Saturday, March 7, 2015

Murderous Pennsylvania.

The Commonwealth of Pennsylvania was the site of quite a few brutal and sensational 19th century murders. While many of the crimes occurred in secluded rural areas, the city of Philadelphia saw some of the worst. Here is Murder by Gaslight’s chronological list of Pennsylvania murders:

“…cut off in her youthful bloom”

Polly Williams was last seen alive on August 13, 1810, on her way to see her fiancé. Her battered body was found at the foot of a cliff in Uniontown, Pennsylvania.

The Cuban Con Artist

In May 1831, Cuban exile, Lino Espos y Mina begged a meal from William and Lucretia Chapman in Andalusia, Pennsylvania. A month later William had died of arsenic poisoning and Lino and Lucretia were married. .

Arthur Spring Jr. vs. Arthur Spring Sr.

As suspects in the murders of Honora Shaw and Ellen Lynch, Arthur Spring Sr. and Arthur Spring Jr. accused each other of committing the crime. Philadelphia, Pennsylvania, March 1853.

The Manheim Tragedy.

When Anna Garber and Elizabeth Ream were murdered by two itinerant workmen in Manheim Pennsylvania, December 15, 1857, the challenge would be keeping the suspects from the hands of a lynch mob.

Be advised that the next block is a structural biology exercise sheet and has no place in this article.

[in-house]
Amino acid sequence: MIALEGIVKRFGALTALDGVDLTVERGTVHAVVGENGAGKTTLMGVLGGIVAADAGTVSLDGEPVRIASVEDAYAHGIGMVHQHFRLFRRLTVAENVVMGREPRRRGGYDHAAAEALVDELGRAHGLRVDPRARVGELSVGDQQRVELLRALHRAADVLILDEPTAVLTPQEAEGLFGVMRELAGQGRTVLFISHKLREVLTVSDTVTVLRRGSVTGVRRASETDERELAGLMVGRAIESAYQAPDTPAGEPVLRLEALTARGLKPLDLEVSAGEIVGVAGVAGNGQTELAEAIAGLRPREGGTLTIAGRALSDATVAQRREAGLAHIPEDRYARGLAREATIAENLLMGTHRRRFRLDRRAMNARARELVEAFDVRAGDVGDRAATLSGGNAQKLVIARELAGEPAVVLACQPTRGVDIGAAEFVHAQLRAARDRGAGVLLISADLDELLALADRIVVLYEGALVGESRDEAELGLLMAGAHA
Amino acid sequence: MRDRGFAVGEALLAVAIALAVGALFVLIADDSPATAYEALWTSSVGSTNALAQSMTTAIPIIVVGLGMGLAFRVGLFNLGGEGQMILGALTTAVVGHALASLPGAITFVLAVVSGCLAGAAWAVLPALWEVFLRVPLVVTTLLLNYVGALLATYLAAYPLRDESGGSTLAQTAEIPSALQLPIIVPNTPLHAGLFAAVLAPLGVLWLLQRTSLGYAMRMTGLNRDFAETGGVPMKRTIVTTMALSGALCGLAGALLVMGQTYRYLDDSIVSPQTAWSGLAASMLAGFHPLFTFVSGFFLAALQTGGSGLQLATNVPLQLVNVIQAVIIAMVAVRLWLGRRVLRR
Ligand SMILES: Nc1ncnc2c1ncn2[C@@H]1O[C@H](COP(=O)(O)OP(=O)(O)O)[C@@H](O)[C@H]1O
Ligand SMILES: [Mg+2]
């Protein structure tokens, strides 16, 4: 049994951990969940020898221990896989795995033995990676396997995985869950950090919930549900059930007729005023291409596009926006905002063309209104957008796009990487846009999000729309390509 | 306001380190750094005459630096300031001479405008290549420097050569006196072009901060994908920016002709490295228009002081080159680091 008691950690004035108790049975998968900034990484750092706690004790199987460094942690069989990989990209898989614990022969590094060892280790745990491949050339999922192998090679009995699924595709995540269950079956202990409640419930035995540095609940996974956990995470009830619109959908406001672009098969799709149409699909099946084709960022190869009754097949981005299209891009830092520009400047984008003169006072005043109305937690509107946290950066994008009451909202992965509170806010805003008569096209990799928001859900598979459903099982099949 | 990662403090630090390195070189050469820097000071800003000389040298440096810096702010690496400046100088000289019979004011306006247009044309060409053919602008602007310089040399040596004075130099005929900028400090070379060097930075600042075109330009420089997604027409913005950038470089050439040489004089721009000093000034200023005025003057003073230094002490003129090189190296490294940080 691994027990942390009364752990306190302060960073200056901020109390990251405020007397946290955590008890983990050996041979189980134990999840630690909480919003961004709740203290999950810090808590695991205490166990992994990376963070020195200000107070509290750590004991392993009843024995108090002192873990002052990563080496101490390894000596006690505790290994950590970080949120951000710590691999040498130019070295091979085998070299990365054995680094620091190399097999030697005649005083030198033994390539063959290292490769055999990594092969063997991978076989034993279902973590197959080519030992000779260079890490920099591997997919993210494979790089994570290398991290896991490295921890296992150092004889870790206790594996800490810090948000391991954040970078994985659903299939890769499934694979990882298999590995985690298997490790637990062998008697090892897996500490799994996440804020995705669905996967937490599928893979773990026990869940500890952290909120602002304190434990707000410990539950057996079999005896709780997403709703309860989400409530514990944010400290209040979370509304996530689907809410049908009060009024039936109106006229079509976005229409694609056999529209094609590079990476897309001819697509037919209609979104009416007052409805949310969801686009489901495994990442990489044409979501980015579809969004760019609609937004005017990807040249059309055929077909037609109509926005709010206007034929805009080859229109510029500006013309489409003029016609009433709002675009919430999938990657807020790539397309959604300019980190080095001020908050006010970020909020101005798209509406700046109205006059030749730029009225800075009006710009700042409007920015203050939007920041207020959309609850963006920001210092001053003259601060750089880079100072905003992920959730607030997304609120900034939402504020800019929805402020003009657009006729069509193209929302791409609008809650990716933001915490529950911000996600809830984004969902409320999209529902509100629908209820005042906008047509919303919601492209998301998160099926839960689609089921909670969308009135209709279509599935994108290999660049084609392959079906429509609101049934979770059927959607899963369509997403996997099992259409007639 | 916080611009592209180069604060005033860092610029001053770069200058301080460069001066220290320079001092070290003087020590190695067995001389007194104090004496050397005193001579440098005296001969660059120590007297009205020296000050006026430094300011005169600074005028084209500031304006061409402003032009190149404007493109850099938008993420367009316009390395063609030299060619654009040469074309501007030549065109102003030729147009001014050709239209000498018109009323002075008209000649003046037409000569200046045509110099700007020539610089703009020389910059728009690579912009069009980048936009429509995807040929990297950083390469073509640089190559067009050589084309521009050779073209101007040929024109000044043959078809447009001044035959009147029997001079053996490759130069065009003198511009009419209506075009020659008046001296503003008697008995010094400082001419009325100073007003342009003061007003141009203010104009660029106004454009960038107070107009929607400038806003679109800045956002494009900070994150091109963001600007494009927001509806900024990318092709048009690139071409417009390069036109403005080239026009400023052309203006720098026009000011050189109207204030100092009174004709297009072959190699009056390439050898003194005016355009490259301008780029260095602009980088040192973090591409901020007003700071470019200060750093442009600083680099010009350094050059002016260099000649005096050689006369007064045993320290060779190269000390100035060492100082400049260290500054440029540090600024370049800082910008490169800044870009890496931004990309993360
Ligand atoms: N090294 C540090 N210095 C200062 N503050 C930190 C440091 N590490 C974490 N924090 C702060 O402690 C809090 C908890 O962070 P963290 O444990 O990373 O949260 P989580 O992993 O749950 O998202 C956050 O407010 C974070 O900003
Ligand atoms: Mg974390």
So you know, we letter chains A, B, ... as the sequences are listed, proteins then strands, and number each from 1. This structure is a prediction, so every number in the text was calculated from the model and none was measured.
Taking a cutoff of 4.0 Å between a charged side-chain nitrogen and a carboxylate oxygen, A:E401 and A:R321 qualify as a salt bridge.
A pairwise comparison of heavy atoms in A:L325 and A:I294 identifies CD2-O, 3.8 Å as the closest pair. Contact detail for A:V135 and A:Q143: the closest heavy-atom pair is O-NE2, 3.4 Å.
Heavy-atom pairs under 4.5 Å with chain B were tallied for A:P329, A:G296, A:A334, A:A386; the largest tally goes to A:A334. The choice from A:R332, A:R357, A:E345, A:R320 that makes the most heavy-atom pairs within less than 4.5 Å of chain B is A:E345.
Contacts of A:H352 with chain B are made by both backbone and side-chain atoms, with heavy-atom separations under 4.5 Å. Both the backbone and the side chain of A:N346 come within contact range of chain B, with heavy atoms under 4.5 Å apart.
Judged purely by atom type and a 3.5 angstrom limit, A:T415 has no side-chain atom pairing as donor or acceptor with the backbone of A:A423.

Antoine Probst had a plan to rob from his employer Christopher Deering, and did not rule out murder. The plan went out of control, resulting in the axe murder of seven members of Deering’s family, in Philadelphia, Pennsylvania.

Cheating the Gallows

November 22, 1868, George Twtchell beat to death his mother-in-law Mary E. Hill, and threw her body out of a second story window in Philadelphia, Pennsylvania.

He Knew Too Much

Winfield Goss and William Udderzook had a plan to fake Goss’s death to collect insurance, July 1873 in Jennerville, Pennsylvania. But Udderzook feared that Goss would not stay hidden, so he took steps to make sure his partner would not be found alive.

The Blue Eyed Six

Six men in Lebanon County, Pennsylvania, conspired to kill Joseph Raber, a local recluse, after insuring his life. The plan was discovered and at their trial a reporter noticed that all of the defendants had blue eyes. They were known ever after as “The Blue Eyed Six.”

A Matter of Honor

On Christmas Eve 1882, Nicholas Dukes murdered Capt. A. C. Nutt in a fight over a matter of honor, in Uniontown, Pennsylvania. The following June, Capt. Nutt’s son James murdered Nicholas Dukes.


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